Merrell Williams Jr., a onetime Kentucky paralegal who took on the tobacco industry by leaking internal documents exposing the health risks and addictiveness of cigarettes, died Nov. 18 in Ocean Springs, Miss. He was 72.
The cause was a heart attack, said a daughter, Jennifer Smith.
Mr. Williams worked for a Kentucky law firm that represented Brown & Williamson Tobacco, now part of R.J. Reynolds. He leaked thousands of pages of internal memos and studies concerning smoking and health that provided ammunition to tobacco opponents. He had copied the documents surreptitiously starting in 1988, and they were made public in 1994.
The information made national headlines. According to news reports, the information showed that Brown & Williamson executives knew decades earlier that nicotine was addictive and that they had funneled potentially damaging documents to lawyers to keep them secret.
A few years later, the tobacco industry agreed to a massive settlement with the attorneys general of 46 states over smoking-related health costs.
Mike Moore, Mississippi’s attorney general during that era, was at the forefront of the legal fight against the tobacco industry.
“The now famous Brown & Williamson documents that Merrell was able to provide us, under extraordinary circumstances and threat, changed the course of our litigation,” Moore said in an e-mail. “We got on a plane and took those documents to Congress and the FDA,” he said, referring to the U.S. Food and Drug Administration.
“The three big lies — cigarettes don’t cause cancer, nicotine is not addictive and ‘we don’t market to kids’ — were all refuted by the B&W documents Merrell obtained,” Moore said.
It was another tobacco industry whistleblower from Louisville, however, who gained considerably more fame.
Onetime Brown & Williamson executive Jeffrey Wigand revealed industry secrets to the CBS news show “60 Minutes.” His role inspired the 1999 movie “The Insider,” which focused on a battle within CBS over whether to air the “60 Minutes” report about Wigand’s allegations that tobacco companies manipulated nicotine levels in cigarettes and lied about their addictive power.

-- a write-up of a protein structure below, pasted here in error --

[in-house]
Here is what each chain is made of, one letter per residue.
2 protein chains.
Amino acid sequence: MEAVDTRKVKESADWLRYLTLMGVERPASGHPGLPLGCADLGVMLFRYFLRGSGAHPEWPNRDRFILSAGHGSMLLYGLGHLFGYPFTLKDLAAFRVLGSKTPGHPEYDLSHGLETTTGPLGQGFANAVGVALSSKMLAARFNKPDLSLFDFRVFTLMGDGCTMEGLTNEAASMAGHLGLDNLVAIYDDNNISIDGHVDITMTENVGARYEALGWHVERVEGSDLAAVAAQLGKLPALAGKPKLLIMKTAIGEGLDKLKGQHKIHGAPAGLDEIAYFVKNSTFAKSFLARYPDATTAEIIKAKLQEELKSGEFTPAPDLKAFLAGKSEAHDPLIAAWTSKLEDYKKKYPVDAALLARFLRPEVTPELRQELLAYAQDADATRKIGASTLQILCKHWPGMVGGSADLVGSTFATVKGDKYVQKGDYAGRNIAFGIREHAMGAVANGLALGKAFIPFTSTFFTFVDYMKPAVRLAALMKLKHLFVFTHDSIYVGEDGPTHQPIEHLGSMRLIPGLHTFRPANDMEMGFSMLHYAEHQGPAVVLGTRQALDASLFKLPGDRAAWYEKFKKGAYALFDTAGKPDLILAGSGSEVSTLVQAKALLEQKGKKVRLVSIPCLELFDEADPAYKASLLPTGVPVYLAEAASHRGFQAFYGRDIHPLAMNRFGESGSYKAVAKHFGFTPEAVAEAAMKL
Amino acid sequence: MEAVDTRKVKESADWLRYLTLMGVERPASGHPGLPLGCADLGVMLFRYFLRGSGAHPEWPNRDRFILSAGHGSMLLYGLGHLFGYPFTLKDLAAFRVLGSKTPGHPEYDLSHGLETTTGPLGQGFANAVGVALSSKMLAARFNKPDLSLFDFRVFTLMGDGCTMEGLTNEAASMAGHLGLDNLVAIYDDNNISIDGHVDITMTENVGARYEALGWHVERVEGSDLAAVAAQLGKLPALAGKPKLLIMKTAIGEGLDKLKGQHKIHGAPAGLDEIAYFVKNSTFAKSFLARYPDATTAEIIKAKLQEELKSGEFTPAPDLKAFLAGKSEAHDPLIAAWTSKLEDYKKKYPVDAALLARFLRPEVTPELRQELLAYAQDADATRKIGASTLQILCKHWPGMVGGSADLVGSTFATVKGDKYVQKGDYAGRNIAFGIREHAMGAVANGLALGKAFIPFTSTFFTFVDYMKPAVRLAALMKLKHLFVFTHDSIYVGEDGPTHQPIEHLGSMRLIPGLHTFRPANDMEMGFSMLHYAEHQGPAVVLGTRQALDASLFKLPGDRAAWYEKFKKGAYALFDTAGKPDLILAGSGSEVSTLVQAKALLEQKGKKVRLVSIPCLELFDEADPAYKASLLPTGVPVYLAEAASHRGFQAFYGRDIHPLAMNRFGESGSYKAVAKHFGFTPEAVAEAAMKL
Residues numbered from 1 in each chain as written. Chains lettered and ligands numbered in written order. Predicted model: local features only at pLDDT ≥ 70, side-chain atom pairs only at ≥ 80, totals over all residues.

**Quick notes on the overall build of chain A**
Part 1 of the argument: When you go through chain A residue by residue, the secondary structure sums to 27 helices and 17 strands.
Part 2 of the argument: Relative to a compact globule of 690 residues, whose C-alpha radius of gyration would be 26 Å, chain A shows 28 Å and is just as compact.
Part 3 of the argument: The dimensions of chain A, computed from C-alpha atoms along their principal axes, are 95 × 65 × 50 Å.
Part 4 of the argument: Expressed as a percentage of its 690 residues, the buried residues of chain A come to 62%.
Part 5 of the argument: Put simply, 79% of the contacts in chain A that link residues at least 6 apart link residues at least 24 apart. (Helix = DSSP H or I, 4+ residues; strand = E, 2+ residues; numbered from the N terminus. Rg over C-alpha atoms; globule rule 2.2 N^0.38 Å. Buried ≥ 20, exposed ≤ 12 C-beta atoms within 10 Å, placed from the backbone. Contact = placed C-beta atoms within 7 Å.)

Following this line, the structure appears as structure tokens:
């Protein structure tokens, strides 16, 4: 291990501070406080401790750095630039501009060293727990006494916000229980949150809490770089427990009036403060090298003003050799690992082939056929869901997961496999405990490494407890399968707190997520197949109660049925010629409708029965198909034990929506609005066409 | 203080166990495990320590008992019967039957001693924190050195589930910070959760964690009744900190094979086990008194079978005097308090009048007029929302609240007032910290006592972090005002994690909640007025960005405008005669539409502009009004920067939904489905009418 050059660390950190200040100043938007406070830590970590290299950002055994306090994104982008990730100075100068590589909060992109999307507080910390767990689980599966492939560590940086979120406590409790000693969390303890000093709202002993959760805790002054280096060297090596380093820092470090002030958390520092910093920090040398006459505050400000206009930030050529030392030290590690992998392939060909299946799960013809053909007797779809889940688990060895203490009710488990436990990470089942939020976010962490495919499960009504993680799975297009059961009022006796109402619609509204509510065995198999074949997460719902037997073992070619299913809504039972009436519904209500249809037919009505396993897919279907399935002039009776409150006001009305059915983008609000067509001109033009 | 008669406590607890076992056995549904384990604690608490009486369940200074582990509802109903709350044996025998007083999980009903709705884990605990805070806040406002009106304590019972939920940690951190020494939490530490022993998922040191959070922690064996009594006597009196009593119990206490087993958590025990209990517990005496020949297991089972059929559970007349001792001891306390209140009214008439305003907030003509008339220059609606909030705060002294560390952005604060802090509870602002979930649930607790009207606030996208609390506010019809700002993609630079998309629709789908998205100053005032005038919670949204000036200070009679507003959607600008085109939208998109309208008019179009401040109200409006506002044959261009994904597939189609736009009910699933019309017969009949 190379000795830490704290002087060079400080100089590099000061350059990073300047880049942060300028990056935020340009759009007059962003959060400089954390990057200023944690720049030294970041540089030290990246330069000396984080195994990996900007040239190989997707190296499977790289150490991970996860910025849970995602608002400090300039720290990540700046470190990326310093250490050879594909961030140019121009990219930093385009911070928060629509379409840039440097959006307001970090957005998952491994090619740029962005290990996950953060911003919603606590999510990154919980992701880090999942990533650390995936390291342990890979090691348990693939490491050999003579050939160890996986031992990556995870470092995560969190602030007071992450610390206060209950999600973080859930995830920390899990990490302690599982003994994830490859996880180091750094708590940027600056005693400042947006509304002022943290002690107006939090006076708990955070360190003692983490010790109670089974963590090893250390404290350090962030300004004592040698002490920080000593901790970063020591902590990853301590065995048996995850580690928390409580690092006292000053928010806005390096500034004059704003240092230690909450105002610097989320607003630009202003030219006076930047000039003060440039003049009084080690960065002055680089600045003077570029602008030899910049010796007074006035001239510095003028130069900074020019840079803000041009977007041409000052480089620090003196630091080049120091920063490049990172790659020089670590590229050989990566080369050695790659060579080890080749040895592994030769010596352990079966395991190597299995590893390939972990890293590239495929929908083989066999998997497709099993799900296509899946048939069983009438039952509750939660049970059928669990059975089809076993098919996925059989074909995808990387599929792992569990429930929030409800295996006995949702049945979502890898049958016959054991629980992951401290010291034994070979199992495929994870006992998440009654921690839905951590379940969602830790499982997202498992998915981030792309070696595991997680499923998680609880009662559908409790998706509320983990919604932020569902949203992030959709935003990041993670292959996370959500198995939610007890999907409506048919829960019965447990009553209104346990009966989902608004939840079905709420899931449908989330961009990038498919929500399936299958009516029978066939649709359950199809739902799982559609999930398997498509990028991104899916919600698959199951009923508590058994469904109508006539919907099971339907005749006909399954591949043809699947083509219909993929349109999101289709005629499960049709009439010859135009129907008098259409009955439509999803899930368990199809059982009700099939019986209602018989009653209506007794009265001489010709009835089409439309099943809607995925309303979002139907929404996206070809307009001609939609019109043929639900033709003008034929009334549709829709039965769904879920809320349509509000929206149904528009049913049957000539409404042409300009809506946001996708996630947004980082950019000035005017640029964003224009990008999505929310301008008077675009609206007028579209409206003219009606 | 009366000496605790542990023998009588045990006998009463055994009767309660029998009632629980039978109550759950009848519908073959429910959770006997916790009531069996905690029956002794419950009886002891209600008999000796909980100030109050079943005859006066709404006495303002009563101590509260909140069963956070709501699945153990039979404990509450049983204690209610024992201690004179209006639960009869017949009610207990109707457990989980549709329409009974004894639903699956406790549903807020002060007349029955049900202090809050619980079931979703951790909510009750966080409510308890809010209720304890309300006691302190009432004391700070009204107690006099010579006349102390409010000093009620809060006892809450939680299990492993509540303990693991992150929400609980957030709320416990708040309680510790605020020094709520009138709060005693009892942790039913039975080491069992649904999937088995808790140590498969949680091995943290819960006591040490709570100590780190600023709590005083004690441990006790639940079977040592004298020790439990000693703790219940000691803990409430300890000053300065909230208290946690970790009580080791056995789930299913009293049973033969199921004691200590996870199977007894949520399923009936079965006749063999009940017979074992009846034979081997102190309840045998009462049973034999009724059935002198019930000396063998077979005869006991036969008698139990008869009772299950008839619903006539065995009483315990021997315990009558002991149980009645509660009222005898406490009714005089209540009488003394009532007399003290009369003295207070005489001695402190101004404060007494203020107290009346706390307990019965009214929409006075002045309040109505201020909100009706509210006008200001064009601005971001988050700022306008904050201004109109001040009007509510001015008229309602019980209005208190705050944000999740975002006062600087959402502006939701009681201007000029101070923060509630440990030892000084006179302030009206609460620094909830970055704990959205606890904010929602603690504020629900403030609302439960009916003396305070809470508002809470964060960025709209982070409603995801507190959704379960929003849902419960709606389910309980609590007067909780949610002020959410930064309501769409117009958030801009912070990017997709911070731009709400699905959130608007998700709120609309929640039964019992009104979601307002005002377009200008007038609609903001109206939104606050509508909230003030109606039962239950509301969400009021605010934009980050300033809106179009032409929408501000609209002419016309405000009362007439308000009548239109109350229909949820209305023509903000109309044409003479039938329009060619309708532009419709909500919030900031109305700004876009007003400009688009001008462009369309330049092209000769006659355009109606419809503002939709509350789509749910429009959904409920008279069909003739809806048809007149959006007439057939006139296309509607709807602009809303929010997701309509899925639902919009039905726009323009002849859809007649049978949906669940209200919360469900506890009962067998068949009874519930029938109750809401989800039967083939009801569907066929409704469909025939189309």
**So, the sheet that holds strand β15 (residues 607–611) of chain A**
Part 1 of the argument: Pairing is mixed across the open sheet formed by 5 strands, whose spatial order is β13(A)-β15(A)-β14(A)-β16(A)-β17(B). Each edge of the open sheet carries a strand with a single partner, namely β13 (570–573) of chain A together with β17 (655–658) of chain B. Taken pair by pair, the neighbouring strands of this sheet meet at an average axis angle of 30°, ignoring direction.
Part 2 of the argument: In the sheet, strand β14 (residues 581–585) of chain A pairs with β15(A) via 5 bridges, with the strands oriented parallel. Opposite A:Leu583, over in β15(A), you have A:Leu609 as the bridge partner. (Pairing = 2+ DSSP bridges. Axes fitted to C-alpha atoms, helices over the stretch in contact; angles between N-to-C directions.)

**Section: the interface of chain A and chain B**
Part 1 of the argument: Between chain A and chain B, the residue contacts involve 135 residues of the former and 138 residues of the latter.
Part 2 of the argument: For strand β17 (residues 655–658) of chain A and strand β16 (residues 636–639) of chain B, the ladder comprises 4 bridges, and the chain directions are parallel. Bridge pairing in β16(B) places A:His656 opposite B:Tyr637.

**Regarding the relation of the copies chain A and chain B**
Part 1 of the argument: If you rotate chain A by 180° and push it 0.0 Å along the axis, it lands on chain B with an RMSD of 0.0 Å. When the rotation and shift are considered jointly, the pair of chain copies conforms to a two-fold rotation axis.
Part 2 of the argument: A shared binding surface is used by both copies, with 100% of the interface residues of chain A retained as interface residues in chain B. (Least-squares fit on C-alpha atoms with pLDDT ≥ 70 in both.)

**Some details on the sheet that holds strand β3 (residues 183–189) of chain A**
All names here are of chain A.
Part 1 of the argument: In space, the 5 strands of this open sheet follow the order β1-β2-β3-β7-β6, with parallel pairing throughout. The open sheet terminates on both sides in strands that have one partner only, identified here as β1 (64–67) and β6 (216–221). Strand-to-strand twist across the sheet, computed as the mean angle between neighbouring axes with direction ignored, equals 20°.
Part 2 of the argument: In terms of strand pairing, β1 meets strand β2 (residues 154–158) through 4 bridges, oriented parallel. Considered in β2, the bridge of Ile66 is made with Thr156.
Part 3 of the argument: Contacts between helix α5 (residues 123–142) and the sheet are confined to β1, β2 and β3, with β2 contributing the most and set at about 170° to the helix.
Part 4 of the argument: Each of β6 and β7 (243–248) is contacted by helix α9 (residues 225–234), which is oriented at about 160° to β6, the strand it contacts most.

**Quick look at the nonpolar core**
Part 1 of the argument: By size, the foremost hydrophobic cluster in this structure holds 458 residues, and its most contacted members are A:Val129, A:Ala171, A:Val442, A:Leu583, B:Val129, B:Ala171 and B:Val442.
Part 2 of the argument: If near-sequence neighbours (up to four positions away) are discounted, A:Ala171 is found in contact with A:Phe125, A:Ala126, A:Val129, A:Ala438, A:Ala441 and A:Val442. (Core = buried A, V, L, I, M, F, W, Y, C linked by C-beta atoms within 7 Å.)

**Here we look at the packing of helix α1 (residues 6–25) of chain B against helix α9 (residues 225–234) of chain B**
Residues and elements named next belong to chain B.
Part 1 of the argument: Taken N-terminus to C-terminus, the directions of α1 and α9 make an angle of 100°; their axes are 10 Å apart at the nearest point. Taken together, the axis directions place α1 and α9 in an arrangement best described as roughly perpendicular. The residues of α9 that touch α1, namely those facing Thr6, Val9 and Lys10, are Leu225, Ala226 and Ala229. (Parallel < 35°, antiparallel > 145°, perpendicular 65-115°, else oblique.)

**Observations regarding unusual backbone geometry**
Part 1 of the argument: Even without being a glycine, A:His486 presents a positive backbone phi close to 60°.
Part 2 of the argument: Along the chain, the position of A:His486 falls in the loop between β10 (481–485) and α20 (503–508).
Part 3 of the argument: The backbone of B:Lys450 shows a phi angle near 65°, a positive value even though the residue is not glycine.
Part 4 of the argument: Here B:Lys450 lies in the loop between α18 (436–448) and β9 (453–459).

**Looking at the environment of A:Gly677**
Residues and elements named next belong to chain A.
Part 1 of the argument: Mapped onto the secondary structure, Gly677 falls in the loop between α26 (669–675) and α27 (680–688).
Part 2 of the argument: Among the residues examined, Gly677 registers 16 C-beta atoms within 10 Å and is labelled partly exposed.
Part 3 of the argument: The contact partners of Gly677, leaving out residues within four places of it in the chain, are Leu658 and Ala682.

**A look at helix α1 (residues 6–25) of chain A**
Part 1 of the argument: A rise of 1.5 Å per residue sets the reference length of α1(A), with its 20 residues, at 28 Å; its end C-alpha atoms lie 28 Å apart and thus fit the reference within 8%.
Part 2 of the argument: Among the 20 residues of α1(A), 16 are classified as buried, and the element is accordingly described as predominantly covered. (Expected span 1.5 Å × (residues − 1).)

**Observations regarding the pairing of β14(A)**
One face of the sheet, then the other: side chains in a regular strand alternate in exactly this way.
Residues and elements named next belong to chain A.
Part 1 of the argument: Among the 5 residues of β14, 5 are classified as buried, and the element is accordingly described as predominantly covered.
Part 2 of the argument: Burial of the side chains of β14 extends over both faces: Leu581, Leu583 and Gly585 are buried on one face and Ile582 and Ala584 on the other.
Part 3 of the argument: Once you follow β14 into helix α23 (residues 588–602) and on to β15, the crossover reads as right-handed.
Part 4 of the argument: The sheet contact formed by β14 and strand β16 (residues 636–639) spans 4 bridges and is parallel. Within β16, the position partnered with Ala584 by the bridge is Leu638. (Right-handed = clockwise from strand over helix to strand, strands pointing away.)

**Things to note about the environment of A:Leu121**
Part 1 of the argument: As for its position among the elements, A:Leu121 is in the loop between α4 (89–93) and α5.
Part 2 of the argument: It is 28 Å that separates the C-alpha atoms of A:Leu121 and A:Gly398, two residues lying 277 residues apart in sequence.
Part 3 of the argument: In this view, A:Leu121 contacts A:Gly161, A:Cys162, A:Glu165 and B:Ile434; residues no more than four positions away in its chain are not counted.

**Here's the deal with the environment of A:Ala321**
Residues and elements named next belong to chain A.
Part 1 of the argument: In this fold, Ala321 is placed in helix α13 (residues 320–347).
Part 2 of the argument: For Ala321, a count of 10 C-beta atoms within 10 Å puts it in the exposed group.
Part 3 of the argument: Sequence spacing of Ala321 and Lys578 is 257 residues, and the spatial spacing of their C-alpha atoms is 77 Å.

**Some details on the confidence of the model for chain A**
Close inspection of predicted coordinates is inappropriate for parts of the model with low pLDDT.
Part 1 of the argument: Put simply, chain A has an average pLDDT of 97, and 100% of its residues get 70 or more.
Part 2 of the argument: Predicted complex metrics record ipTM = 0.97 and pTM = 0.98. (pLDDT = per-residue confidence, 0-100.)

Mr. Williams said his role in the fight took a personal toll. He told the Louisville Courier-Journal that the pressures contributed to a divorce, and he eventually moved to Mississippi.
In a 1995 interview with the newspaper, Mr. Williams said he felt like he never saw a friendly face in Louisville, where Brown & Williamson was headquartered. The company was a big employer and donor to community projects until it merged with North Carolina-based R.J. Reynolds, another tobacco giant.
“I think to a lot of people, Merrell Williams is a hero,” he said of himself in the interview. “I haven’t done anything wrong.”
Mr. Williams faced accusations of violating attorney-client privilege by copying the documents while he was a paralegal. Brown & Williamson alleged that antitobacco lawyers paid for Mr. Williams’s house, car and boat in return for copies of the documents. Mr. Williams said that someone lent him money and that he was paying it back.
His daughter said the ordeal caused him considerable stress. But fighting the tobacco companies “was one of his greatest passions,” she said.